By John Cordner
The 26th meeting of the Conference of the Parties, or COP26, took place between the 31st of October and the 12th of November and was meant to be a holistic event bringing together all those on the planet who have a stake in the damage being done by climate change. With COP being such an important event, the question has to be asked about who isn’t there? Who doesn’t have ‘a stake’ in the climate?
With most large scale media focusing on who was at COP, what was being debated and whether resolutions be found, I chose to examine who isn’t part of COP26’s goal to “coordinate action to tackle climate change”. The three groups I cover that are not at COP26 are political leaders, major fossil fuel companies, and climate activists deemed too radical.
A theme can be found in the leaders who chose not to attend. They are authoritarian politicians with their power and support linked to their respective states’ economic performance. This issue is especially applicable to Vladamir Putin in Russia and Xi Jinping in China. Both men are leading countries that export and produce coal, oil and gas and any climate change commitments would almost certainly involve scaling back of these industries. To learn more about these political leaders and to hear about the
most controversial of them all, Jair Bolsonaro, click the link at the bottom to
listen to the whole story.
The exciting part of this story is examining
climate activists and why they oppose COP26, especially when considering the
conference is meant to be a huge step forward in platforming activists and
pushing green politics and agendas. In the aftermath of COP, world leaders did
little to address activists’ claims that COP is pointless so long as many of
the political parties and politicians involved receive lobbying money and
campaign donations from fossil fuel companies. No significant commitments in
that area were discussed, let alone considered for passing. While fossil fuel
companies have been excluded from COP, these climate activists argue that they
can never truly push for a green plan as long as politicians continue to take
large donations from fossil fuel companies.
But how many leading politicians are taking money from fossil fuels? According to The Guardian, the Conservative Party, which sent many delegates to COP and organised the conference, has taken £1.3 million from fossil fuel interest groups and climate sceptics since 2019. Statistica estimates that Joe Biden’s 2020 Presidential Campaign received $1.6 million of donations from oil and gas companies. Furthermore, an analysis of all attendees conducted by Corporate Accountability, Corporate Europe Observatory, Glasgow Calls Out Polluters, and Global Witness shows that 503 individual attendees from different countries have directly taken money from fossil fuel industries or are affiliated with fossil fuel lobbyists. This indicates that the argument made by the activists may be true and explains their exclusion from the conference if they want to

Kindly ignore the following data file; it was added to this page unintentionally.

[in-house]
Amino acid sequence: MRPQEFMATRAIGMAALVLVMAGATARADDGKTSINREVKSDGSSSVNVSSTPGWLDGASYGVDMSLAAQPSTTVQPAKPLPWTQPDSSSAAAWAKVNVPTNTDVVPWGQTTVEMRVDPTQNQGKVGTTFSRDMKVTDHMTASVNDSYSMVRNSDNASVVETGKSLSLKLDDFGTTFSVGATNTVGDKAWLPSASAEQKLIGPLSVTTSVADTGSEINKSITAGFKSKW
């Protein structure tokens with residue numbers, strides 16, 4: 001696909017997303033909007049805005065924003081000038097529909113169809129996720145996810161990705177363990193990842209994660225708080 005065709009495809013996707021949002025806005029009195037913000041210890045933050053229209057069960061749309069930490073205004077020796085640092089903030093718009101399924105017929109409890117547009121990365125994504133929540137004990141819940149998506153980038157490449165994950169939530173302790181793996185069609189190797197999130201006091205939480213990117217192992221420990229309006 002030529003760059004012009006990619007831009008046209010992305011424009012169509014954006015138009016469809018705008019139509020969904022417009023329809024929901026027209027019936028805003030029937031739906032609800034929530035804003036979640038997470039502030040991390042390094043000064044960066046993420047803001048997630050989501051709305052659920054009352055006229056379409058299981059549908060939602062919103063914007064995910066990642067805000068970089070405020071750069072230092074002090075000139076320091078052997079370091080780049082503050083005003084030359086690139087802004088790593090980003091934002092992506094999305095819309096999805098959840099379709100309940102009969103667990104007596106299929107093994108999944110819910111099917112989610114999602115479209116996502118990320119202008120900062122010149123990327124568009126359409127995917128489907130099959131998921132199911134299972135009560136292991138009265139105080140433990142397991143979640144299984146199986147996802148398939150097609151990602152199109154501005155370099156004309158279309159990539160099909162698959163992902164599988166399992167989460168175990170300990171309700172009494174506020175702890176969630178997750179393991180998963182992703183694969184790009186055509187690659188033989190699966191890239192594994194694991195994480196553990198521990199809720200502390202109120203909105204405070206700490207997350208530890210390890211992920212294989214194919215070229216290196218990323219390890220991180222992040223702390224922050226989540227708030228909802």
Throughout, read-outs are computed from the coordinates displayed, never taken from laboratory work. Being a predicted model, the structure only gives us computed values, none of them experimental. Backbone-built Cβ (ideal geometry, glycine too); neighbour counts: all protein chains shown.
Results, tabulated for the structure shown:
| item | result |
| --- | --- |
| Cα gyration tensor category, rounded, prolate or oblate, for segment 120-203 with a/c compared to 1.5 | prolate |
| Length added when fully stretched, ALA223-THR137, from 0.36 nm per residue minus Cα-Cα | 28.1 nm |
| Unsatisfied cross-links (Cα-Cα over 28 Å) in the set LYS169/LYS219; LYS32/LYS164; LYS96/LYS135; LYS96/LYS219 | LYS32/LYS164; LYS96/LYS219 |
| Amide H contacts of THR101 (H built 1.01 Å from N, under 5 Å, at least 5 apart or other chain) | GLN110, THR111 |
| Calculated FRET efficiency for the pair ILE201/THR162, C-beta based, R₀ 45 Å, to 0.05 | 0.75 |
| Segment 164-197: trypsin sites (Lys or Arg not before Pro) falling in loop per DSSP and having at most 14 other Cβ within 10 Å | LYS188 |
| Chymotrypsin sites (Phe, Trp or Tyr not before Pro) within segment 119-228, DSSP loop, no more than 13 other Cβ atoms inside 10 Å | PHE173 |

break up the structures that earn a lot of politicians a lot of money.
Furthermore, nothing has been done to address climate activists’ issues with the lack of developing state representation at COP due to vaccine shortages. While most developed economies have been able to use the vaccine to stop the spread of Covid-19 from preventing attendance at COP, many developing nations have vaccine programs still in their infancy. It is not practical for developing countries to be sending large delegations to COP; this includes many African, South American and Asian nations. Activists argue that the conference should have been postponed for one year to allow these developing nations to send delegations. These are the countries most at risk from climate change because of their geography.
Click the Spotify link below to here to hear all
of these topics discussed in-depth, and the full Liverpool Politics
International Show here –
Featured Image Credit – Alamy Stock Photo